I Can See Better Through the Fog is a storytelling podcast series in the vein of This American Life and the Moth. It tells the ongoing story of an echo boomer’s quarter life crises, featuring life, art, love, and San Francisco. Press the play button below to hear an audio recording of this latest entry. If it doesn’t work, you may need the latest version of flash software. (click here to download). Another troubleshooting tip would be to go directly to the soundcloud website. Sit back and let your ears do the work. The text version of this entry is provided beneath the list of selected tracks.
Runtime: 5 minutes and 12 seconds.
“KABOOOOOM! BAAARRROOOOOOM!” Jessica read the capitalized words softly. “Is that how loud thunder is?” I asked her. She looked back at me with her doe-ish eyes. Her blank face slowly transformed into a smiling one. She shook her head no. “KABOOOOOM! BAAARRROOOOOOM!” She shouted this time.
I’d worked with Jessica on her reading fluency over the past couple weeks. Her marked improvement gave me an immense feeling of satisfaction and pride. Today I noticed a pattern. When she could visualize and act out the text, she read more fluidly and gracefully, and with few mistakes. When she’d get stuck on a word or phrase she didn’t understand, she’d lose her footing entirely, incorrectly pronouncing words I was confident she knew.
On one occasion Ms. C had me test Jessica’s words per minute. We practiced the test passage once together, then I timed her next read. It seemed she suffered from test anxiety. Her untested read through was her better fair. On the timed read, she rushed and stumbled over words she knew and had long pauses when she was petrified by words she didn’t recognize. After the test, I had her read once more. I told her I was not going to time her. I lied. I secretly started the timer once she began reading. On this run through she was as flawless as she’d ever been. When the timer went off, she looked at me and said,”Hey!” My trick had been insightful.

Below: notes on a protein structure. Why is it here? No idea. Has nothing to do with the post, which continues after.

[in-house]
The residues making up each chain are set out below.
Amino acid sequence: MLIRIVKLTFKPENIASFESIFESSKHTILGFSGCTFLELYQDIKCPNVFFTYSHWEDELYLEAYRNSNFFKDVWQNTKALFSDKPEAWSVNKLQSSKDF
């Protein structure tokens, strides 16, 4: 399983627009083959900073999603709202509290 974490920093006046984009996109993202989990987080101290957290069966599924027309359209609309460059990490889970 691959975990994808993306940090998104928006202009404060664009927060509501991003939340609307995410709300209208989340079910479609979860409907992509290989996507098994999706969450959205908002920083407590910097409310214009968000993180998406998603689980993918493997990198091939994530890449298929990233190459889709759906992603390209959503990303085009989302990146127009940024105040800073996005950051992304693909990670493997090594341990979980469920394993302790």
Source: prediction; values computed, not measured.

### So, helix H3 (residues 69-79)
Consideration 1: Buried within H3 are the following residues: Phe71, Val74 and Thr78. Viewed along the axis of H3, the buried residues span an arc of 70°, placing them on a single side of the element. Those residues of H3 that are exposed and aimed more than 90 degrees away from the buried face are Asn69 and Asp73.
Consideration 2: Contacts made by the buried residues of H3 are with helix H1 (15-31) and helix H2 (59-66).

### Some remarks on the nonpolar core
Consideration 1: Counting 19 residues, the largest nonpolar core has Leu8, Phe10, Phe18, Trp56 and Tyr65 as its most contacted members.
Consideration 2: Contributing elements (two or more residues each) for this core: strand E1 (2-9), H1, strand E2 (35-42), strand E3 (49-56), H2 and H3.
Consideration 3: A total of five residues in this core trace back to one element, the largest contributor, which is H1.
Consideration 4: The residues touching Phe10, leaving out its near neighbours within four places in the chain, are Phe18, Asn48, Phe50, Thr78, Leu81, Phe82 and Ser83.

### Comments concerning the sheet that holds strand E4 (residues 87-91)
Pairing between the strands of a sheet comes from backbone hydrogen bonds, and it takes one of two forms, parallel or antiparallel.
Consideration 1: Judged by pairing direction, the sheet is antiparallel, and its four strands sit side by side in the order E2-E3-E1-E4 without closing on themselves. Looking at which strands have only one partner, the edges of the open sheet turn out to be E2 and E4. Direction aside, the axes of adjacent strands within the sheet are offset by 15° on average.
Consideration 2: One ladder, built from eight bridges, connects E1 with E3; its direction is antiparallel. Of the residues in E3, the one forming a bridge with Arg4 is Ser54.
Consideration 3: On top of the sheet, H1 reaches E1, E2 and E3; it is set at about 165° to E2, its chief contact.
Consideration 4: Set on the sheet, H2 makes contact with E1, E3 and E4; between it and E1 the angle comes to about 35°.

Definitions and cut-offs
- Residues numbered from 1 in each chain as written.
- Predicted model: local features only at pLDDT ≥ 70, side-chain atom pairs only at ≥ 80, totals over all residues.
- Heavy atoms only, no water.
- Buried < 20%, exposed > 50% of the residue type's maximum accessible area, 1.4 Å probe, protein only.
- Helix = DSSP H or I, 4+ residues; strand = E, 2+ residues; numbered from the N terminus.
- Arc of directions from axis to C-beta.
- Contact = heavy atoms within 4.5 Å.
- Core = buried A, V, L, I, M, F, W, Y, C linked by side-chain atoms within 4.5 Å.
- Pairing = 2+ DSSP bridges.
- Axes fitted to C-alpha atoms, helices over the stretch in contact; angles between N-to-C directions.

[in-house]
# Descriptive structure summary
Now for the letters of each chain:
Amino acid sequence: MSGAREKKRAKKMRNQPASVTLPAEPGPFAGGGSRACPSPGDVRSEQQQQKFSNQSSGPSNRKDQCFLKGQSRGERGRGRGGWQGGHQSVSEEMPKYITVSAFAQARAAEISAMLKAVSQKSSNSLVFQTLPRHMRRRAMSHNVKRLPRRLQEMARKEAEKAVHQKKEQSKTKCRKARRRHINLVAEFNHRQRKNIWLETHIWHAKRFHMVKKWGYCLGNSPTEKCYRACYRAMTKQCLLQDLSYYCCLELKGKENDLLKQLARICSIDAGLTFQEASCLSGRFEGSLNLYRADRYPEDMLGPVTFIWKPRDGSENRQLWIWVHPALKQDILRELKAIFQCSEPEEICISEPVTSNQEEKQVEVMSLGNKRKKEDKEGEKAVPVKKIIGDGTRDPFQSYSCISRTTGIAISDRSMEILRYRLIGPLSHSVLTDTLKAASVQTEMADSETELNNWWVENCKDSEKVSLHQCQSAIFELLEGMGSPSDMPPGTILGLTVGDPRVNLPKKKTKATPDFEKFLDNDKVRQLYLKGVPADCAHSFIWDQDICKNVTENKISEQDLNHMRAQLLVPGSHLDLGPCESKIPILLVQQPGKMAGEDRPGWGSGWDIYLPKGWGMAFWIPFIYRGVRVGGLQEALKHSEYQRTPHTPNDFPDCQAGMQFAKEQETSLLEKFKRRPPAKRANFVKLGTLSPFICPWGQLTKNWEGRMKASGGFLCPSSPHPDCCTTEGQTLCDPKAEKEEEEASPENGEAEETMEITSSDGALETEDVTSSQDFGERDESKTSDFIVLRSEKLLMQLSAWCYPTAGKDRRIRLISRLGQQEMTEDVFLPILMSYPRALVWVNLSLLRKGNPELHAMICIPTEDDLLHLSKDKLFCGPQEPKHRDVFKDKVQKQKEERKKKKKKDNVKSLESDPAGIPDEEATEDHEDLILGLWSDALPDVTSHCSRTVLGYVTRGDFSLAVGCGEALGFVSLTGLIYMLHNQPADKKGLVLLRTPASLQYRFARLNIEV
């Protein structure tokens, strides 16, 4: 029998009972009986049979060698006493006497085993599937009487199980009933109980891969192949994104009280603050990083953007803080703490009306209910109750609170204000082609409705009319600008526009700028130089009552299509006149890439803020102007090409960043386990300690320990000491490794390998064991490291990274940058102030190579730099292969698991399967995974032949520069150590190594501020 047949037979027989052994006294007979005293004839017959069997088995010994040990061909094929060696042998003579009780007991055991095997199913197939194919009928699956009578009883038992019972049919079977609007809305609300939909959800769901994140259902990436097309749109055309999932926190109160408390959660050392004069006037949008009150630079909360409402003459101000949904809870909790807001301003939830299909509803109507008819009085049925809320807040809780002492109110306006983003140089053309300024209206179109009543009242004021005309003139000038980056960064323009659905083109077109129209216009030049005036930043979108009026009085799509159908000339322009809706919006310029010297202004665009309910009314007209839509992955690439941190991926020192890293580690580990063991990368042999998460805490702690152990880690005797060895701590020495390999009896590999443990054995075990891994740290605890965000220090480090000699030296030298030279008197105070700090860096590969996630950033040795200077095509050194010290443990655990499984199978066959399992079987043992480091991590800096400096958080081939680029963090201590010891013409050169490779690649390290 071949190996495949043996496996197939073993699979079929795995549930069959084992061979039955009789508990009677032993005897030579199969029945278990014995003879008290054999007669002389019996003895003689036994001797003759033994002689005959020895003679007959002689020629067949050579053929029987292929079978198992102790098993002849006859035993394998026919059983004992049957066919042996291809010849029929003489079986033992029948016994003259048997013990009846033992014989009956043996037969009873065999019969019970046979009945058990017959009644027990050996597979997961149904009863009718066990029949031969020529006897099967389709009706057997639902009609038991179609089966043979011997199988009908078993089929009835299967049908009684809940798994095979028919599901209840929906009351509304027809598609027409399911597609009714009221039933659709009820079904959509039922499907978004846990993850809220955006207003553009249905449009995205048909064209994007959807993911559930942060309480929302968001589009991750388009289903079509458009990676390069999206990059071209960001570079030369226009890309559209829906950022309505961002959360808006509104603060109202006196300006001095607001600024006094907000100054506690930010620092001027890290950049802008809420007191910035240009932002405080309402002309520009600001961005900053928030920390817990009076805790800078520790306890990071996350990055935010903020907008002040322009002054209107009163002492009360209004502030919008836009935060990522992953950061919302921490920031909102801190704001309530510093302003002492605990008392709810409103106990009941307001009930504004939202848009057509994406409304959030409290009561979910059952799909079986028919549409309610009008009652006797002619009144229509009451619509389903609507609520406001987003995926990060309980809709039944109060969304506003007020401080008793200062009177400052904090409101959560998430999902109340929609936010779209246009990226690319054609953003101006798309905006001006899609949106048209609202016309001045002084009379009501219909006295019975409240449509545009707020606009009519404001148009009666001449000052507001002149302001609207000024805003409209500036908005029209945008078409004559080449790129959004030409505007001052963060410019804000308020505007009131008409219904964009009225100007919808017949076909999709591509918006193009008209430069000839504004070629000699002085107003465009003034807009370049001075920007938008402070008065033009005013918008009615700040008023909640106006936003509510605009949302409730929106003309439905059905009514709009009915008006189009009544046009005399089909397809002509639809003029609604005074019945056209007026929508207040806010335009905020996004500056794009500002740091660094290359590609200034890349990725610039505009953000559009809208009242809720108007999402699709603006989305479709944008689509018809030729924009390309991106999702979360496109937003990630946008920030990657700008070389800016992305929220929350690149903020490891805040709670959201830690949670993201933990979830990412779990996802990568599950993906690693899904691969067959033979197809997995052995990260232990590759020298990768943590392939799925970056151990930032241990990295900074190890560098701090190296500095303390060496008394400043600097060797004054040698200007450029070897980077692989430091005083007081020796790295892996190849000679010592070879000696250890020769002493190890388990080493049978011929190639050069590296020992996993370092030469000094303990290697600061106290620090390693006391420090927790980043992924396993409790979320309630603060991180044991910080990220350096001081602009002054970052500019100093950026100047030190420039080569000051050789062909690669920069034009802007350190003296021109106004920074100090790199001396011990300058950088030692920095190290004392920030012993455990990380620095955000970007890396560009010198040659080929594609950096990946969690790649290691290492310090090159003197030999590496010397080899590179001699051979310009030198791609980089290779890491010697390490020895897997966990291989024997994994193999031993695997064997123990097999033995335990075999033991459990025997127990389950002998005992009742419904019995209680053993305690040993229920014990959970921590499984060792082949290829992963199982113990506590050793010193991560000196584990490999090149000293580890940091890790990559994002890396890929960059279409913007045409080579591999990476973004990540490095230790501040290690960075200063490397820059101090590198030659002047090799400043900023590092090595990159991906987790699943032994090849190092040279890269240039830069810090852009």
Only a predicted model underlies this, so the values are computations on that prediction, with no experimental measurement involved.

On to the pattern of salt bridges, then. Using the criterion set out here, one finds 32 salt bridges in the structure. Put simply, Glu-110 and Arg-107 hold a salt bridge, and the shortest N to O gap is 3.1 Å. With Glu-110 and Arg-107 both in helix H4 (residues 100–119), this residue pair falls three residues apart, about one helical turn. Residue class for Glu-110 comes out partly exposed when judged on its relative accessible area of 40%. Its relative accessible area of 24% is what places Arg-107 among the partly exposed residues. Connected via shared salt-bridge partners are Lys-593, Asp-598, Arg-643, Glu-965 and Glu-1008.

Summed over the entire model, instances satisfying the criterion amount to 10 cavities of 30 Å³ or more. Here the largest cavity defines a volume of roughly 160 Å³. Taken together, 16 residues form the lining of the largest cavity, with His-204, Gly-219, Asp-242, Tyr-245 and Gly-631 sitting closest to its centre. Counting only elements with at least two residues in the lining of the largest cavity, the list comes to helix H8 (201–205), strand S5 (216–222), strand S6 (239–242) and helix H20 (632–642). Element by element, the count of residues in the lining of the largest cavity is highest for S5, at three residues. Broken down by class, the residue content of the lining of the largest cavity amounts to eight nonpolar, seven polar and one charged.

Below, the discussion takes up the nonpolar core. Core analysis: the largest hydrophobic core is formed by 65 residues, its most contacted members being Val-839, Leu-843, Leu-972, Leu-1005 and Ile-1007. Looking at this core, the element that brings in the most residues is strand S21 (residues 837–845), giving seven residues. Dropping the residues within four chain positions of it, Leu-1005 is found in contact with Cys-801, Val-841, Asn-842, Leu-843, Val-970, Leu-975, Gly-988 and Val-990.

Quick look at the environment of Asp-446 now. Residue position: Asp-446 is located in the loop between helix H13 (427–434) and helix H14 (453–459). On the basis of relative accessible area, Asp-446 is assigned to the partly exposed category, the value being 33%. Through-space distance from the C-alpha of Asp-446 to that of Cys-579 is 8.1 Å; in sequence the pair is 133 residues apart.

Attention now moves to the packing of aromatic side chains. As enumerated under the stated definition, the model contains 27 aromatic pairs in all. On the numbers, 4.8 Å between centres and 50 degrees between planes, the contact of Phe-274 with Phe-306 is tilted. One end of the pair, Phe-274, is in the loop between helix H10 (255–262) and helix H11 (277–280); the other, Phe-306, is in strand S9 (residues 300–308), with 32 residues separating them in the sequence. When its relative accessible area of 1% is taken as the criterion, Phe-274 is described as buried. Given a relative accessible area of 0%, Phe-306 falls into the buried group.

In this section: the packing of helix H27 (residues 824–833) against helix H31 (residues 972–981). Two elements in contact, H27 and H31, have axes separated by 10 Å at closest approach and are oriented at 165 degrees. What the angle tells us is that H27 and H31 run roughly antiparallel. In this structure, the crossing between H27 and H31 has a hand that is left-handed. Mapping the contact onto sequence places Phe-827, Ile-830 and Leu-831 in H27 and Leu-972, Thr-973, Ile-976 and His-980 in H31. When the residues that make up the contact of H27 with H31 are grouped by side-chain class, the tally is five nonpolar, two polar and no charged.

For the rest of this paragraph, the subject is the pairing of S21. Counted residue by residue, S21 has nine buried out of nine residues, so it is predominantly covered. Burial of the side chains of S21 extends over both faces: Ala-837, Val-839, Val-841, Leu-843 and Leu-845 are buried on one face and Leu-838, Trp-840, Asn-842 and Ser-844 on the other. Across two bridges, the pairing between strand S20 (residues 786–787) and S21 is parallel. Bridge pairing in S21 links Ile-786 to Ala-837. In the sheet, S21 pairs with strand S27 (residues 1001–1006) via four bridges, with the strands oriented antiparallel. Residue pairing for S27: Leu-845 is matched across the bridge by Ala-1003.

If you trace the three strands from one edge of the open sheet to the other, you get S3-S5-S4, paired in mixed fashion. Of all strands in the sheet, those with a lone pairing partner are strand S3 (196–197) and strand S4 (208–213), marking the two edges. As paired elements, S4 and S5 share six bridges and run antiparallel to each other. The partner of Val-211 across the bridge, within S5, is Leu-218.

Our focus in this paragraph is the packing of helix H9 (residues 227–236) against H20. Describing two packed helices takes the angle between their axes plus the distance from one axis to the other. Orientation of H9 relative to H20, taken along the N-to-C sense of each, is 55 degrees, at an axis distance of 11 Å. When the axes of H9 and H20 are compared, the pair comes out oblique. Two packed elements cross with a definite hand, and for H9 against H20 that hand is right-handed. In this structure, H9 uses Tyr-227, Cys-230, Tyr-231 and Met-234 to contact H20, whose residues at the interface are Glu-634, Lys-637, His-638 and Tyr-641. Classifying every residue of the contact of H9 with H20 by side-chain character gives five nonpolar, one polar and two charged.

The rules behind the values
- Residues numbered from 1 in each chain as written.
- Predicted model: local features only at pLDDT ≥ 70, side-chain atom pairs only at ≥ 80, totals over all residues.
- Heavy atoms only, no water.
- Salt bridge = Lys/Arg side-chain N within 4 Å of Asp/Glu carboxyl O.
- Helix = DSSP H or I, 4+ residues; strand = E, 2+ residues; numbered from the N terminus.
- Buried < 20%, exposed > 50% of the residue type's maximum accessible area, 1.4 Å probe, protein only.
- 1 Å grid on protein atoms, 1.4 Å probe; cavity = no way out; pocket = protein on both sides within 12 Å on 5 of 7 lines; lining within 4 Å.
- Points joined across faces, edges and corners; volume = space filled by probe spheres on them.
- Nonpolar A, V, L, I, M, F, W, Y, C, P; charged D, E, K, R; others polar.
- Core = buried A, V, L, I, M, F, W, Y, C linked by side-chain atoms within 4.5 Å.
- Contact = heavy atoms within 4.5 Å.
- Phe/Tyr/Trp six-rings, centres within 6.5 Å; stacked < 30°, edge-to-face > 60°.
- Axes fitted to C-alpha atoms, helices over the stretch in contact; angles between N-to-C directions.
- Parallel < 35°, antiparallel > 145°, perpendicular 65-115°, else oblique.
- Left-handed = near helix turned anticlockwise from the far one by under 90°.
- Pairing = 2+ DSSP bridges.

Today, when we came to the last page of the story Thunder Cakes, I reiterated it’s main idea. “The little girl overcame all her fears,” I told Jessica. “Milking the kicking cow, climbing the trellis, taking the eggs from the mean hen, and going out in the storm, to help her Grandma make thunder cake. She did all these brave things because she was so focused on what she needed to do that she forgot to be afraid.”
“Good work today Jessica,” I commended her. We walked together out of the reading room. The class was lined up ready to go to lunch. There were twenty days left until the 2nd graders became 3rd graders. This meant summer vacation for them. And no more volunteering for me. I wasn’t ready to relinquish this activity. It grounded and balanced me. Plus, I felt my work was unfinished with a handful of struggling readers, Jessica among them. I was determined to build upon my skills as a reading tutor, but I had not yet sought out tutoring opportunities for the summer. I foresaw taking the summer off as a stoppage in my progress.
“I really hope you volunteer with us again next year,” Ms. C suggested as the lunch bell rang. “I’m thinking I probably will,” I replied. “In the meantime, I’m looking for tutoring opportunities over the summer. I get a lot out of reading with the kids and I’d like to improve at helping them learn.” Although it didn’t occur to me until after my talk with Ms. C, reading with kids had renewed my faith in stories. Three years working in the film industry had broken it. I found personal connection to the themes of many stories I read with the kids. It helped me understand and cope with a multitude of things happening in my life.
Ms. C responded, “I’m more than willing to refer you to my students’ parents. God knows they need the extra help. I’m sure you’ve noticed many of them need to practice their reading over the summer.” KABOOOOOOOOM! “And some friends of mine started a reading center in the Mission called 826 Valencia. They’re a great place to volunteer.” BAAAARRRROOOOOOOM! The thunderous realization was loud and clear. I could now visualize the arc in my own story I desperately wanted.